Thursday, January 12, 2012

Conference to Look at Future of Food and Genetic Engineering

The subject of genetically engineered (GE) food will take center stage at the Ohio Ecological Food and Farm Association’s (OEFFA) 33rd annual conference, Sowing the Seeds of Our Food Sovereignty, in Granville, Ohio (Licking County) on February 18-19, 2012.

Andrew Kimbrell, the founder and executive director of the Center for Food Safety (CFS) and the International Center for Technology Assessment, will be a keynote speaker and workshop presenter at the event. Kimbrell is one of the country’s leading environmental attorneys, and an author of numerous books and articles on environment, technology and society, and food issues.

“Andy’s message will be getting to the heart of food sovereignty,” said Renee Hunt, OEFFA’s program director and the event’s organizer. “Will people have a choice to eat GE-free food? Will farmers have the choice to grow GE-free food?”

The conference is the state’s largest sustainable food and farm conference, and draws more than 1,000 attendees from across Ohio and the Midwest. In addition to Kimbrell, this year’s conference will feature keynote speaker Woody Tasch; more than 70 informative, hands-on workshops; two full day pre-conference workshops on February 17; a trade show; a fun and educational kids’ conference and child care area; locally-sourced and organic homemade meals, and Saturday evening entertainment.

On Sunday, February 19 from 2:45 to 4:15 p.m., Kimbrell’s keynote address, “The Future of Food,” will explore a food system at a crossroads. Kimbrell will describe the conflict between a food system increasingly reliant on pesticides, fertilizers, monocultures, and genetic engineering and surging consumer demand for healthy, local, organic, humane, and environmentally safe food. He will provide an up-to-date summary of this struggle and ways consumers and farmers can work together for a new food future.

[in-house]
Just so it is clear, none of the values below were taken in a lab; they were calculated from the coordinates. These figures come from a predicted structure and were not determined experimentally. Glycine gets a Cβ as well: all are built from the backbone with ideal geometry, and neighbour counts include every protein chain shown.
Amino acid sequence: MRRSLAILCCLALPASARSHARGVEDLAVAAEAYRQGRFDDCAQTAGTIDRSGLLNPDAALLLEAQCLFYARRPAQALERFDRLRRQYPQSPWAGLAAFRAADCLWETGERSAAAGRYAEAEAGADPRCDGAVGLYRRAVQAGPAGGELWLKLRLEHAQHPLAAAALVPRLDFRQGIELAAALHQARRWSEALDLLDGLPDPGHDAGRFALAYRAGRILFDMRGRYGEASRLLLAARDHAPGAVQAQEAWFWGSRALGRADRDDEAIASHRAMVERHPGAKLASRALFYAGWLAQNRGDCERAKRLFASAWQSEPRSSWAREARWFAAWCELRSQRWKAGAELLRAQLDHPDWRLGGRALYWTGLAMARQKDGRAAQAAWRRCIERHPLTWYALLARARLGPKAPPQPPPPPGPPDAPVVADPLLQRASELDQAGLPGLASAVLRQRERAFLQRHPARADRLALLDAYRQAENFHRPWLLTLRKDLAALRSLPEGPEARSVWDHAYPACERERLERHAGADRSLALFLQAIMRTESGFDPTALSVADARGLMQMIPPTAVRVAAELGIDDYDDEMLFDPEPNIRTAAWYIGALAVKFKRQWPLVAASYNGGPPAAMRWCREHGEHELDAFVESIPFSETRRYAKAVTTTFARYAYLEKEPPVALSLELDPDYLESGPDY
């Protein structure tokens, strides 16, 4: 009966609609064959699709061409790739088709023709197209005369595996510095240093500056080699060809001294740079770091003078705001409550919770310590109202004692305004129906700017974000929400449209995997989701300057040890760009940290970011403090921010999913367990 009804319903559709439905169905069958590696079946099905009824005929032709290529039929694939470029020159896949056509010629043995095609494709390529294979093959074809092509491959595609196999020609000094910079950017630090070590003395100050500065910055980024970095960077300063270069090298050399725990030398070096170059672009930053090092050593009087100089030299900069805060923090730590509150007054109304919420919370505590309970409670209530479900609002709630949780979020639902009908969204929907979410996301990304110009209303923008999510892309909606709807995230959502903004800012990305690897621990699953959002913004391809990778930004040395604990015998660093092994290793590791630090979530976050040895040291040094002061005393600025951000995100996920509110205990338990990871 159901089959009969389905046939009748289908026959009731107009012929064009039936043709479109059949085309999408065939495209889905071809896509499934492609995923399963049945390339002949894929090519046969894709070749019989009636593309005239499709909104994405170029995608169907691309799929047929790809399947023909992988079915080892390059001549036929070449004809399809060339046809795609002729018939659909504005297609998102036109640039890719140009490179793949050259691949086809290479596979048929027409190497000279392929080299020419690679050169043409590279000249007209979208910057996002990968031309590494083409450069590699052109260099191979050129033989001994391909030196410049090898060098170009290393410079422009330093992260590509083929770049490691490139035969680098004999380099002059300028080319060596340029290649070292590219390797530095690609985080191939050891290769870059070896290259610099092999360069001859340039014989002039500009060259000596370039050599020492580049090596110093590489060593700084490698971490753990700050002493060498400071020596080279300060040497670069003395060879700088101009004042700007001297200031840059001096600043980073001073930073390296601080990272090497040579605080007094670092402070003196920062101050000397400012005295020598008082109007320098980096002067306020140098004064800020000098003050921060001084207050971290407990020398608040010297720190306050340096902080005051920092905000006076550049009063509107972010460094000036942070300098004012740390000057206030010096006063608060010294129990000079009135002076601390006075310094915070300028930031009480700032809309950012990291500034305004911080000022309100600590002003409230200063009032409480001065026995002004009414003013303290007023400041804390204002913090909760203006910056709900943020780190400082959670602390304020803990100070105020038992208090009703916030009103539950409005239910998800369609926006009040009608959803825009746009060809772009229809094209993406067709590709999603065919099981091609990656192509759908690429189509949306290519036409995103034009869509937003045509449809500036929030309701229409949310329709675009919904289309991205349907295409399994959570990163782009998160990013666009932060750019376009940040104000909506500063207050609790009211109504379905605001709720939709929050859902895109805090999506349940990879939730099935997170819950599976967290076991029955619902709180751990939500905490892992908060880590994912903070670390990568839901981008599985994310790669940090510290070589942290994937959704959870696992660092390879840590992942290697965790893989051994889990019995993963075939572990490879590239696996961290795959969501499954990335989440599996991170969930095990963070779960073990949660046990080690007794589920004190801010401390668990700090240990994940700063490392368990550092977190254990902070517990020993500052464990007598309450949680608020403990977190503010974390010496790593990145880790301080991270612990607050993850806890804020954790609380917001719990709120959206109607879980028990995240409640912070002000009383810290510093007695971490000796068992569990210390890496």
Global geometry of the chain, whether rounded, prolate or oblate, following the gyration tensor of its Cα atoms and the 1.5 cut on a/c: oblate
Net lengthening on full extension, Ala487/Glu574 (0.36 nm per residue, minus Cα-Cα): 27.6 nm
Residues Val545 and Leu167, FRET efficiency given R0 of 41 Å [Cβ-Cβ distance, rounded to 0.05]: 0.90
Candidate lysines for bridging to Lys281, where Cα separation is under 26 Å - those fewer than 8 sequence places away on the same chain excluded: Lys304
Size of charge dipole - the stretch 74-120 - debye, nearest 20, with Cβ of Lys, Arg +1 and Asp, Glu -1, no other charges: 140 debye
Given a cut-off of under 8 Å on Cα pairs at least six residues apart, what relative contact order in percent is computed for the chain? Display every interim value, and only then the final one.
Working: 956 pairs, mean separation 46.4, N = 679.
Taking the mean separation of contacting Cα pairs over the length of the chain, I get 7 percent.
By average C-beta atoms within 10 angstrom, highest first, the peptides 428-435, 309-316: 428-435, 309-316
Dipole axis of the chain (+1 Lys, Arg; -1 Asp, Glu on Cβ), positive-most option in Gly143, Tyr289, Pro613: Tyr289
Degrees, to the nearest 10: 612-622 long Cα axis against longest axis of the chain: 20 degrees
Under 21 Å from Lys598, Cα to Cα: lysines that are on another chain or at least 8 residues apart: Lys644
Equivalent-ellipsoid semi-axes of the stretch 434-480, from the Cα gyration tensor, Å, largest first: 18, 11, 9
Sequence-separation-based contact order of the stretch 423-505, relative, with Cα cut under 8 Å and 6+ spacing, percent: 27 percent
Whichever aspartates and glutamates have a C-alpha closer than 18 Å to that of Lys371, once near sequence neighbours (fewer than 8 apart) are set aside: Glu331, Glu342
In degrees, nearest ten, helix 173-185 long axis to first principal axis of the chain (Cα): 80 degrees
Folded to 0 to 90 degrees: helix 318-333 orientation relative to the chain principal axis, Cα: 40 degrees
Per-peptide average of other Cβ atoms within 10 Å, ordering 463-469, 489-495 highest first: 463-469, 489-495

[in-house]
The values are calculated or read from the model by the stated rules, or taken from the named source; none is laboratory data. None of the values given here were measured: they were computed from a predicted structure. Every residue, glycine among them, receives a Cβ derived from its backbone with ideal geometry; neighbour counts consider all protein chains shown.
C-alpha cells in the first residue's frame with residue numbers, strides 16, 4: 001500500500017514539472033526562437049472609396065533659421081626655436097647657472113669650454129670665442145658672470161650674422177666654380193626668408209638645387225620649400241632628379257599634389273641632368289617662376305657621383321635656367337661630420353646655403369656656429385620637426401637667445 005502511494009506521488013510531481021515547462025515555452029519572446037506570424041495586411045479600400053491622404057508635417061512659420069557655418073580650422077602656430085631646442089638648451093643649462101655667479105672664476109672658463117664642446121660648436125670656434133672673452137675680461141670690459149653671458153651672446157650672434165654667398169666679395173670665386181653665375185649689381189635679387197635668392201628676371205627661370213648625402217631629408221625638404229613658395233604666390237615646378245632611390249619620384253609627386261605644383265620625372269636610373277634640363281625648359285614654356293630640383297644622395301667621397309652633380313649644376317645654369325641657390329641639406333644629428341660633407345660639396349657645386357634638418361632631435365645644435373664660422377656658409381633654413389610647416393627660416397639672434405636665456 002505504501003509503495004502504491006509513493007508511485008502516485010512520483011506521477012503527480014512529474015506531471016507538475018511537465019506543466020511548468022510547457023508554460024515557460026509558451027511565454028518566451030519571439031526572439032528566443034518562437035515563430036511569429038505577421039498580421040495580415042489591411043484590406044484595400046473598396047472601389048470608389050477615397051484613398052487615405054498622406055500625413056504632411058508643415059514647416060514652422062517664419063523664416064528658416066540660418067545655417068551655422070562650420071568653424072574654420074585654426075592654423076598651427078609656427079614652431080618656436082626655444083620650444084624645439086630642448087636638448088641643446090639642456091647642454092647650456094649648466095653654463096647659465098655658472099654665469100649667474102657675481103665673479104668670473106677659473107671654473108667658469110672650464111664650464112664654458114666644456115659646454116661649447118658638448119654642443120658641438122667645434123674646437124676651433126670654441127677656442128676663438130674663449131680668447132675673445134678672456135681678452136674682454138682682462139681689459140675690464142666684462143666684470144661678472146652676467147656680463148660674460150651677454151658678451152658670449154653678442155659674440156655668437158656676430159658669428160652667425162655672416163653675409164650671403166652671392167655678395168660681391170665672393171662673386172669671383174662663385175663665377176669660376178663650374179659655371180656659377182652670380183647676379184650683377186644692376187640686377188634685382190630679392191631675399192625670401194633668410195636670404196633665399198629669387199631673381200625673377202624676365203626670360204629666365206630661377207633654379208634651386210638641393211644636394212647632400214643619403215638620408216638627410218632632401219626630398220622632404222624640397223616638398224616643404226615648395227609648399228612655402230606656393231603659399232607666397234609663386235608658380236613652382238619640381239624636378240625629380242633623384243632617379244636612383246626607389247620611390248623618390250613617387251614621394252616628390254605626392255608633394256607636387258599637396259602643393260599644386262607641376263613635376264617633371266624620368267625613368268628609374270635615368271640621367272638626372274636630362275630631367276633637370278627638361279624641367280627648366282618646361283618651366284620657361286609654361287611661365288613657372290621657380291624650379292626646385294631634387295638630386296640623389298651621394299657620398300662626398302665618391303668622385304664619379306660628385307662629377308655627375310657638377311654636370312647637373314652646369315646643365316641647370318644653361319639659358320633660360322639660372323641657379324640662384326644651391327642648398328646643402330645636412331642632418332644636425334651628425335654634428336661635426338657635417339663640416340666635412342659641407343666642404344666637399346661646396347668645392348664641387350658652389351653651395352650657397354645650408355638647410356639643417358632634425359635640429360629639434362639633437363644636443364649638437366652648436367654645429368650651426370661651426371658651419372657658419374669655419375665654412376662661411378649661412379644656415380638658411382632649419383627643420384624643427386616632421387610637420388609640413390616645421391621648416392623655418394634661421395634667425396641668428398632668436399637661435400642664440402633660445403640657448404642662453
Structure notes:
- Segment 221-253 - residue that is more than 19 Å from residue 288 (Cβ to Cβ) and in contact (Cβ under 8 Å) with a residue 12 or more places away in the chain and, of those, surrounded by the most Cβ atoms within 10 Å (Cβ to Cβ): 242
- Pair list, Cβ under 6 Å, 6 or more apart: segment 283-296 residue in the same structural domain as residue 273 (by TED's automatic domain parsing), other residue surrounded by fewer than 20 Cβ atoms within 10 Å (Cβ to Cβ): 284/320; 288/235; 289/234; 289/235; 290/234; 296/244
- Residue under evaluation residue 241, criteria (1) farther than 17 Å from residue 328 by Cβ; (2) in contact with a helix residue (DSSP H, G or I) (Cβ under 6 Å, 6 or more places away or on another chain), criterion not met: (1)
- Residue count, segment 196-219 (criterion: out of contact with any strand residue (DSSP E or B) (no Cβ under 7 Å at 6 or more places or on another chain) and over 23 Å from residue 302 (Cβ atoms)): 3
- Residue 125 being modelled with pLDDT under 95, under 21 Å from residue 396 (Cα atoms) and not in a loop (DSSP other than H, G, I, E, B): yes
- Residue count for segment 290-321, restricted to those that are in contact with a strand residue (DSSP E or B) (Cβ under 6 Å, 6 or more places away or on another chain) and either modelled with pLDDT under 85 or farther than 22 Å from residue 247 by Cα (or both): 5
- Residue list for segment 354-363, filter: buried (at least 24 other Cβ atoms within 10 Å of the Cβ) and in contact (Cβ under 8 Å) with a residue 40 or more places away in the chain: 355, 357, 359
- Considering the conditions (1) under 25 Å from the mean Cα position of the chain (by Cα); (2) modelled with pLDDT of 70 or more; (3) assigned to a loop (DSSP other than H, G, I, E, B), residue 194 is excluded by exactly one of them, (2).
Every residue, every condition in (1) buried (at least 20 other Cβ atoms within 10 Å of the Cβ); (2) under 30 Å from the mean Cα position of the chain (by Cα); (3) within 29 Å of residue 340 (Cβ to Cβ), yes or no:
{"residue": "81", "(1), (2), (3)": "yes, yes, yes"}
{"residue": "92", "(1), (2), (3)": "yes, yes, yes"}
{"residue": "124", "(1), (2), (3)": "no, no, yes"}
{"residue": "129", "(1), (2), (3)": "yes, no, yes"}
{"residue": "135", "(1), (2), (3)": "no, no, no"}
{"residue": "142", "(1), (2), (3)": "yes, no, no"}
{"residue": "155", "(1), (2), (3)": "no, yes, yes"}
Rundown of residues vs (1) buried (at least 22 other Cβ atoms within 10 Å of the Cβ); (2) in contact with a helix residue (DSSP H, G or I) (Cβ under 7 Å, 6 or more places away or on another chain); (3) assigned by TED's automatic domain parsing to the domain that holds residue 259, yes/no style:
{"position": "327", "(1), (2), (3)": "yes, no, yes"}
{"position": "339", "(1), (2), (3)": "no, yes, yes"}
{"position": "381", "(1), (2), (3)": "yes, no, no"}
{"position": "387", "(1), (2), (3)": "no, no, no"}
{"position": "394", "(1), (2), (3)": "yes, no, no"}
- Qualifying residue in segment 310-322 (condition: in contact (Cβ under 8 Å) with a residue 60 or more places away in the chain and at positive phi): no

Earlier in the day, from 9:30-11:30 a.m., Kimbrell will lead a workshop, titled “Genetic Engineering: The Battle for Safe Food, Public Health, and Environmental Protection.” He will describe the negative health and environmental effects of GE food, and CFS’s public education, advocacy, and legal work intended to safeguard the food system against a flood of deregulated GE products.

In response to the USDA’s unrestricted approval of GE Roundup Ready alfalfa, Kimbrell said the USDA has become “a rogue agency in its regulation of biotech crops and its decision to appease the few companies who seek to benefit from this technology comes despite increasing evidence that GE alfalfa will threaten the rights of farmers and consumers, as well as damage the environment.”

GE crops, such as alfalfa, threaten to contaminate organic and conventional non-GE crops through pollen drift, storage, transportation, and processing. GE crops have also been linked to pest and weed resistance, and the increased use of pesticides and herbicides. Recent consumer polls indicate consumer distrust of GE technology and the desire to have GE food labeled.

“What we constantly see is a failure of the media and of policymakers to really say, ‘The problem here is industrial agriculture,’” Kimbrell told Organic Connections. “They want us to see these events as scary isolated incidents instead of indicators of how dangerous and unsustainable our industrial food system has become. The sleight of hand is to try to treat each incident in its own isolation and not understand that they’re all connected to the larger systemic failures and problems of industrial agriculture.”

Kimbrell is author of 101 Ways to Help Save the Earth, The Human Body Shop: The Engineering and Marketing of Life, Your Right to Know: Genetic Engineering and the Secret Changes in Your Food and general editor of Fatal Harvest: The Tragedy of Industrial Agriculture.

His articles on law, technology, social, and psychological issues have also appeared in numerous law reviews, technology journals, magazines, and newspapers across the country, and he has been featured in many documentary films, including “The Future of Food.”

In 1994, Utne Reader named Kimbrell one of the world’s leading 100 visionaries. In 2007, he was named one of the 50 people most likely to save the planet by The Guardian-U.K.

All events will take place at Granville Middle and High Schools, 248 New Burg St. in Granville. Pre-registration is required. Cost for the conference is $115 for OEFFA members and $175 for non-members, and meals must be purchased separately. Prices vary for late registrations, students, and one-day only registrations. Go to for more information or to register online and receive $5 off the registration fee.

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